Here is an interesting article from http://www.debbieschlussel.com/ reviewing some of the movies that came out over the past weekend. This follows this post some of the movies from last weekand THIS POST about some movies that have been released over the past few years that you might have missed! This all follows this post about guidelines to chosing good movies to watch yourself!
Wknd Box Office: Argo, Sinister, Here Comes the Boom, Seven Psychopaths
By Debbie Schlussel
I liked three out of the four new movies debuting at theaters, this weekend.
Argo: Great Reminder of the Islamic Threat, Despite Affleck’s Anti-US “History” Lesson & Jimmy Carter’s Whining
By Debbie Schlussel
“Argo,” in theaters today, is a great movie sandwiched in between two bad far-leftist monologues. Director Ben Affleck tries to justify the Iranian revolution and the violent, deadly actions of Iranian Shi’ite Muslims supporting Ayatollah Khomeini at the beginning of this film. And he gives Jimmy Carter free reign to whine and take credit at the end. But despite Affleck’s best efforts at that, the movie is gold sandwiched between these two slices of crap. No matter what, it’s a great, unvarnished reminder of the Islamic threat that keeps repeating itself. And so I still recommend it.
The Real Tony Mendez (Right), Retired CIA Chief of Disguises & Fake Documents, Today @ Age 70
“Argo” is the story of the six Americans at the U.S. Embassy in Tehran, Iran, who escaped when Shi’ite Muslim followers of Ayatollah Khomeini overtook our embassy and held everyone inside hostage for 444 days. The six found refuge in the Canadian Ambassador’s residence (the English and the Australians, it should be noted, turned them away to what could have been the Americans’ deaths). The movie is a thriller detailing the mission by CIA agent and disguise and forgery expert Tony Mendez (played by Ben Affleck) to get them out and safely back to America. To rescue them, Mendez pretends he is a Canadian movie producer of a science fiction film, called “Argo.” He goes to Hollywood and recruits Jewish producer Lester Siegel (Alan Arkin) and “Planet of the Apes” make-up man John Chambers (John Goodman) to help him with his ruse, setting up an entire fictional production, complete with movie posters, actors doing read-throughs, and a studio office. I wondered why they recruited a Jewish guy, given that the Khomeini’ist Shi’ite Muslims (and all Sh’ite Muslims) hate Jews. I researched this, found no real-life producer named Lester Siegel, and learned that the character is a “composite” character and I wonder if the real producers involved were actually Jewish (I bet not). I also wondered why they featured scantily clad women on the movie posters and at read-throughs. And I was on to something as that issue of modesty comes up later in the movie, as you’ll see. And, finally, I wondered if the nail-biting, thrilling climax of the movie actually happened that way in real life. And, it turns out, my suspicions were correct–that’s the only part of the movie that isn’t true to what happened in reality. I enjoyed the movie, which is thrilling, well-told, and entertaining, BUT . . . and a big BUT it is.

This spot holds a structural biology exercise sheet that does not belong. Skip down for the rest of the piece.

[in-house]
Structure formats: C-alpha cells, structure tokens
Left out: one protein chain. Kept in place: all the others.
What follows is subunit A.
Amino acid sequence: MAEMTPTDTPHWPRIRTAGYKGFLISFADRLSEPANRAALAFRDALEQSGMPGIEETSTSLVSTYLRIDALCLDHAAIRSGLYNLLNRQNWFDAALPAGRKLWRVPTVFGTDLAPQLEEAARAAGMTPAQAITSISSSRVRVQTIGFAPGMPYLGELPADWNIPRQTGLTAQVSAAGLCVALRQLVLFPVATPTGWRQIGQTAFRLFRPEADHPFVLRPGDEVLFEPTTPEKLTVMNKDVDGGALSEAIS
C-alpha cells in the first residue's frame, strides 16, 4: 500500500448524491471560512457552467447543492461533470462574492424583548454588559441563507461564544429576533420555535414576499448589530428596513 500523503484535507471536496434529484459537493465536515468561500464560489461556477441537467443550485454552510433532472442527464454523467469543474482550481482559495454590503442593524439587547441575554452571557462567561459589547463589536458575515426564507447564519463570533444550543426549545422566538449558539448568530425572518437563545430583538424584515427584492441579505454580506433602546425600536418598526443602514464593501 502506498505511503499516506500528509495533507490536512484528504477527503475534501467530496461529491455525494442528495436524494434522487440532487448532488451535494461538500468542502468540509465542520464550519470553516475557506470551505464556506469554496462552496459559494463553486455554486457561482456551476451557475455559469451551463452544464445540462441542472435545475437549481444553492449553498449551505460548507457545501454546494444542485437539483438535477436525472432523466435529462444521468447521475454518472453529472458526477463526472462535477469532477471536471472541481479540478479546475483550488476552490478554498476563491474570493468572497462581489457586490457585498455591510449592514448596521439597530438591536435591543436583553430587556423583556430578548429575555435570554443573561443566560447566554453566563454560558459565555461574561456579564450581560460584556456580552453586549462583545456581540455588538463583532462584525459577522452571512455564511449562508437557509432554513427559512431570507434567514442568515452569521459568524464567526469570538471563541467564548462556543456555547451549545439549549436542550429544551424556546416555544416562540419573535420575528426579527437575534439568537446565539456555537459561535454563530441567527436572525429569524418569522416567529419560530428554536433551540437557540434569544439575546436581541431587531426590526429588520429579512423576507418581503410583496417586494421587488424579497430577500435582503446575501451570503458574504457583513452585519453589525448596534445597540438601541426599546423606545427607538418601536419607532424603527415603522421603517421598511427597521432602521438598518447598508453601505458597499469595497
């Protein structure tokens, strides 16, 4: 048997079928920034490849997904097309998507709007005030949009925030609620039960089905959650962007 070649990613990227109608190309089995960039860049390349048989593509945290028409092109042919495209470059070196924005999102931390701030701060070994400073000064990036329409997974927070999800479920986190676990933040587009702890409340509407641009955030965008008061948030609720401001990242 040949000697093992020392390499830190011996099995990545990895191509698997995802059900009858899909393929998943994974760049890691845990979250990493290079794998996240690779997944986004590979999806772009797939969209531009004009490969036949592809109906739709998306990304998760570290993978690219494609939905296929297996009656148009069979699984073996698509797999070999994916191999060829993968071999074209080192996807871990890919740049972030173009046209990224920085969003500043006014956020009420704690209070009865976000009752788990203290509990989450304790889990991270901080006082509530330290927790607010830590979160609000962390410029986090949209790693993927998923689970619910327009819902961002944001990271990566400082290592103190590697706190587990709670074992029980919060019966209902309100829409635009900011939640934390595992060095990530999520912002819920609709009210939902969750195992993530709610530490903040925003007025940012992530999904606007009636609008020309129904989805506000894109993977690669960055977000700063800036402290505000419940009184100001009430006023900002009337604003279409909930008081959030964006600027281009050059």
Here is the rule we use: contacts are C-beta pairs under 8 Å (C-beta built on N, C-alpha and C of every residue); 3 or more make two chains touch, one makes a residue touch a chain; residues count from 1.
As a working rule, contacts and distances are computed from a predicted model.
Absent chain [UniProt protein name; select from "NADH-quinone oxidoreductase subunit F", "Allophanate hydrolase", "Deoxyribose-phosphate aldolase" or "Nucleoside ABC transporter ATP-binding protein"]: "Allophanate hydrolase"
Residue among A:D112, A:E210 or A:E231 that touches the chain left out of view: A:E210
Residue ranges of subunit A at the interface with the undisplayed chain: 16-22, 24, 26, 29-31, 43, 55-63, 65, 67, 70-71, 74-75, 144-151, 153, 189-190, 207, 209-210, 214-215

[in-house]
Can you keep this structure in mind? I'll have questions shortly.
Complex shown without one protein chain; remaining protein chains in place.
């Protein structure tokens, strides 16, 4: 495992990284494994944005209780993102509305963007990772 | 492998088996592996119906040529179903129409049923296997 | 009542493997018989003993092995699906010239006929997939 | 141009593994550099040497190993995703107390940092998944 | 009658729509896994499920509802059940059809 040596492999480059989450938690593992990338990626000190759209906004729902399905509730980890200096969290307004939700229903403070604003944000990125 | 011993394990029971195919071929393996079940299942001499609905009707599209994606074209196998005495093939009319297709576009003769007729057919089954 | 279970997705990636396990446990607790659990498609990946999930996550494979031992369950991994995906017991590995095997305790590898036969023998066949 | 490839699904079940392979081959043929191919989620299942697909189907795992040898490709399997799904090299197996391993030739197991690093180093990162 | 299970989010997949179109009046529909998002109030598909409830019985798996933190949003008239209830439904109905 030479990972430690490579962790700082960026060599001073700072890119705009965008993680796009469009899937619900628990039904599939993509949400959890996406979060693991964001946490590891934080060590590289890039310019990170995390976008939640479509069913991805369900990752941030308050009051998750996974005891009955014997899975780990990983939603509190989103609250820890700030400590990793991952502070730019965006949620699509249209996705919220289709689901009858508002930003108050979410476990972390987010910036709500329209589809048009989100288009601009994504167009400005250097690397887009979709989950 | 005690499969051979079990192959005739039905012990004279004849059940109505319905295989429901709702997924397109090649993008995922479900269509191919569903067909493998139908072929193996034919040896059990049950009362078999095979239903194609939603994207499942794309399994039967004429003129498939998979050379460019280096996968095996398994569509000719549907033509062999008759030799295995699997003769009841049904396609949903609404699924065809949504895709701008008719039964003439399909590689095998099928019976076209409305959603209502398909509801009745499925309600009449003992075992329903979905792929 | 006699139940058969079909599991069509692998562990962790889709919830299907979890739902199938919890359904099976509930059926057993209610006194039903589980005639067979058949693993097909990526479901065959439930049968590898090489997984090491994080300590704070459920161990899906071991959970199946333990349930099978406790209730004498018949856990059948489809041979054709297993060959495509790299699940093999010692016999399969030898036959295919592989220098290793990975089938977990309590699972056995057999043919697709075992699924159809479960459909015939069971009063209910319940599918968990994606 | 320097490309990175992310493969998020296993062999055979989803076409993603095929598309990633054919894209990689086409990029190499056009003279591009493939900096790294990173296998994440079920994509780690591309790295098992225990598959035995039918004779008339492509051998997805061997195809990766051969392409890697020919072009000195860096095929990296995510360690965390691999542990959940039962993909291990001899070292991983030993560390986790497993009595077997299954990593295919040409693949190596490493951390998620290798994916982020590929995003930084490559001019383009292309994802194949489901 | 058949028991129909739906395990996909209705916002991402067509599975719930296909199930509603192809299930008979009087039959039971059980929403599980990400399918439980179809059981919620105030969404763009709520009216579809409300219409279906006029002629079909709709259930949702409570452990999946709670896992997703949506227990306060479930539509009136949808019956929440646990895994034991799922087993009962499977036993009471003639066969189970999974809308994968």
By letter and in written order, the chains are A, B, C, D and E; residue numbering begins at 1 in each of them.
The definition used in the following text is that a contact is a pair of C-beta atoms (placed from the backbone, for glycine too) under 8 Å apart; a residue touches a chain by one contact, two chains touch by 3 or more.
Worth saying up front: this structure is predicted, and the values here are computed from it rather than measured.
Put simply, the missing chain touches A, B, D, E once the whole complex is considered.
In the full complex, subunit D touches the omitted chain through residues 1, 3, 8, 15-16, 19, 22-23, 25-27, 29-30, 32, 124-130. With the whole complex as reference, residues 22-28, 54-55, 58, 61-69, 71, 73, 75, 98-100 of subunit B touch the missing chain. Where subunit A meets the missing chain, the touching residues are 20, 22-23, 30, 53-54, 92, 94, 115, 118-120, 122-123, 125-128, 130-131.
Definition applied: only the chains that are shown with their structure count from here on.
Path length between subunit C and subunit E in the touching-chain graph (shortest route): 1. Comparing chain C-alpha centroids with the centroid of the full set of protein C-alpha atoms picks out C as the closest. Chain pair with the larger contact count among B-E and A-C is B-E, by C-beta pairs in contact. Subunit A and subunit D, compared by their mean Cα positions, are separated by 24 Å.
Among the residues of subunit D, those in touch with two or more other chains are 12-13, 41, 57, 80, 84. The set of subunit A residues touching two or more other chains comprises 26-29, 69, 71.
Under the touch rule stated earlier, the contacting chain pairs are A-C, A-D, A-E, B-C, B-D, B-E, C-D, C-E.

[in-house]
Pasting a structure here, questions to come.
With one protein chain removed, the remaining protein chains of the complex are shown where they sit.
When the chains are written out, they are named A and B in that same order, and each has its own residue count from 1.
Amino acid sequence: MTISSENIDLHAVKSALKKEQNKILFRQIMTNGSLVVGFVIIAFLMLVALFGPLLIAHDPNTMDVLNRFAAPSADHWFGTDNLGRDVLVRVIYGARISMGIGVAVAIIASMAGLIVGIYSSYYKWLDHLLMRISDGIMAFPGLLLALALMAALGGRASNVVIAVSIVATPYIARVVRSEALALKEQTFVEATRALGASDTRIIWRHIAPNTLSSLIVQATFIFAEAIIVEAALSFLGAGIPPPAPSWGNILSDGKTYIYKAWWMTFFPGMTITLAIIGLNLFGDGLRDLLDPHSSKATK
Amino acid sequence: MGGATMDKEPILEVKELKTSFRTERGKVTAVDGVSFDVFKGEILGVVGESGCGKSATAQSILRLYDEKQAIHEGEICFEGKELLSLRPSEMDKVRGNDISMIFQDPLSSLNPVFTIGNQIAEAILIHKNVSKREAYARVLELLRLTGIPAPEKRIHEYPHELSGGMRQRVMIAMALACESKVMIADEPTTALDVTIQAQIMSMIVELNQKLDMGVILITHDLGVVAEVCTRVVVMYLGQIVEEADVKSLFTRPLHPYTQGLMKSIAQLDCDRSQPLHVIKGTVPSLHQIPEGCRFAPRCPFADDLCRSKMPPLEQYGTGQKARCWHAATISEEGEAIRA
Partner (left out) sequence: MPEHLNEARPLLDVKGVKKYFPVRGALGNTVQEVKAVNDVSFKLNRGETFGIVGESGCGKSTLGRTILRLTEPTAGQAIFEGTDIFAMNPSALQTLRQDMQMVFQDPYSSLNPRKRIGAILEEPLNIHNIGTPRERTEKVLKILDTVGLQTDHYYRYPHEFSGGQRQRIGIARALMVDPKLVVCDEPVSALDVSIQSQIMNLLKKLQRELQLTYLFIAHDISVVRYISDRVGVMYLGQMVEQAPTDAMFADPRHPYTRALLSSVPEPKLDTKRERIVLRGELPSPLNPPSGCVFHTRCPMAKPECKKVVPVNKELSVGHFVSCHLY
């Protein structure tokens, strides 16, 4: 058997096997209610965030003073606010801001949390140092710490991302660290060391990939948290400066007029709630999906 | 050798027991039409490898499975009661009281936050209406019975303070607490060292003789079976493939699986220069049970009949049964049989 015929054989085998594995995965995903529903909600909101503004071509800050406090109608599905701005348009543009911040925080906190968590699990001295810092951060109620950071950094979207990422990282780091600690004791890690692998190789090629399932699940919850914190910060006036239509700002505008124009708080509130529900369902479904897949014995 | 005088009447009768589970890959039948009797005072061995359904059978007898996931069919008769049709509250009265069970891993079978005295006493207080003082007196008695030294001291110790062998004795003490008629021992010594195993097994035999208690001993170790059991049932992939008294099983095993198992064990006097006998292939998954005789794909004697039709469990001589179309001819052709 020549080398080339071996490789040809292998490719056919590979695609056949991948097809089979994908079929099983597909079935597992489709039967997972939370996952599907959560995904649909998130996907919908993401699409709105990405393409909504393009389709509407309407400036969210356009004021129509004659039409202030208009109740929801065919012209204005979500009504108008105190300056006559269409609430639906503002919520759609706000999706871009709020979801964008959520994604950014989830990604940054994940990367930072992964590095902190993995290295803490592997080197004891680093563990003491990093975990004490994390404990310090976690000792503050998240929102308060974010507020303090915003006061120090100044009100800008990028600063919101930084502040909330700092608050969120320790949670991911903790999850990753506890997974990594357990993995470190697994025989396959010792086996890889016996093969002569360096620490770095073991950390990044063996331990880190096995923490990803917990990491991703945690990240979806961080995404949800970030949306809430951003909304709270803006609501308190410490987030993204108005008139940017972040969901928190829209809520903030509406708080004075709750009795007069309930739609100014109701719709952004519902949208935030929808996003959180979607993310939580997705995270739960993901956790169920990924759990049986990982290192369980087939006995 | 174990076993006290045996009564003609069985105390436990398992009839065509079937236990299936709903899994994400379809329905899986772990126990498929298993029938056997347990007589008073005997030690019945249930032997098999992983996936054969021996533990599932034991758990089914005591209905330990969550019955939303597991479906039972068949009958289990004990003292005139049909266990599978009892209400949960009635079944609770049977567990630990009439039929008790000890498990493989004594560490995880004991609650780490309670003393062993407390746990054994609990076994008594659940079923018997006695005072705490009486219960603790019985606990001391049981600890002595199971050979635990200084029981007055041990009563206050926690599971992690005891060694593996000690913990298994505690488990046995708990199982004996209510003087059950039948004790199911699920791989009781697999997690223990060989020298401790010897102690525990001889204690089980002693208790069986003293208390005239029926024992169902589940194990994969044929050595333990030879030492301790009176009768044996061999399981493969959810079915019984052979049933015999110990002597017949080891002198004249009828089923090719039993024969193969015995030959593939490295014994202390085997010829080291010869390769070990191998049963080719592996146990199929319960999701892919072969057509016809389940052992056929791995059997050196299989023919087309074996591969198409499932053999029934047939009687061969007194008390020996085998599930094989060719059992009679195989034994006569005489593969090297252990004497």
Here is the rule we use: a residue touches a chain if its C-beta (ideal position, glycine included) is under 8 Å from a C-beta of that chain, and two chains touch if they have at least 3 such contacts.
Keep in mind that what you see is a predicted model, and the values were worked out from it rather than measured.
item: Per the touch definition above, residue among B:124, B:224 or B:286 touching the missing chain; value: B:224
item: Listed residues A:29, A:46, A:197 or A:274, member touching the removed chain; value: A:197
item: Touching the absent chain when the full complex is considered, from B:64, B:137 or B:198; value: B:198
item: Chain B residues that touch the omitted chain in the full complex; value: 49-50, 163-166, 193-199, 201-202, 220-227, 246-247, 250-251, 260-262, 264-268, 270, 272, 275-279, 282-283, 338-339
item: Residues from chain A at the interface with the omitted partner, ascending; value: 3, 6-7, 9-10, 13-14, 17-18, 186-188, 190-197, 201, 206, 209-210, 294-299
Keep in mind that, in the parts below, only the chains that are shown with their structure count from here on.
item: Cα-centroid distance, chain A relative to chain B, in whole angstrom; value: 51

Here’s the BUT: Sandwiched in between Howard-Zinn-fan director and star Ben Affleck’s anti-American “history” lesson about why the Iranian Shi’ite Muslim Khomeini freaks were right to hate America and and storm our embassy in Tehran at the beginning of this movie, and Jimmy Carter’s monologue whine about how he should have gotten the credit for the mission depicted in this movie, there was actually a great movie about a real life event. And, other than his America-hating history BS and one other “evil Americans” scene, the movie was clearly depicted as accurately as possible. The words, Muslim and Islam, however are predictably only mentioned during the diatribe at the beginning, in which a female narrator tells us how we destroyed Iran by deposing Mosaddegh and allegedly imposing the pro-American Shah or Iran. That ain’t exactly how it happened, but you know the drill. I don’t need Mr. Affleck’s chick voiceover artist to tell me that the Shah tortured people, when he did very little compared to the guys who took over from him. Oh, and he was an ally of the US and Israel, but who cares about that, right?
There are also a couple of news footage scenes (Affleck uses a lot of real footage and well-replicated scenes of actual scenes and events) of Americans kicking Iranian students in America. Frankly, Americans were far too kind to the few Iranians they attacked, and were very nice to most of them here. That’s despite the fact that thousands of Iranian students overstayed their visas here, became illegal aliens, and actively supported the Khomeini’ites. A former top INS official detailed how thousands of those Iranians protested in front of the White House and were arrested by the INS. And, yet, President Carter ordered that the Iranians be freed into the American abyss without ever being fingerprinted, identified, and/or booked. Affleck doesn’t show you that, either. (One thing I noticed missing: any mention of Ronald Reagan, who actually got the other hostages out.)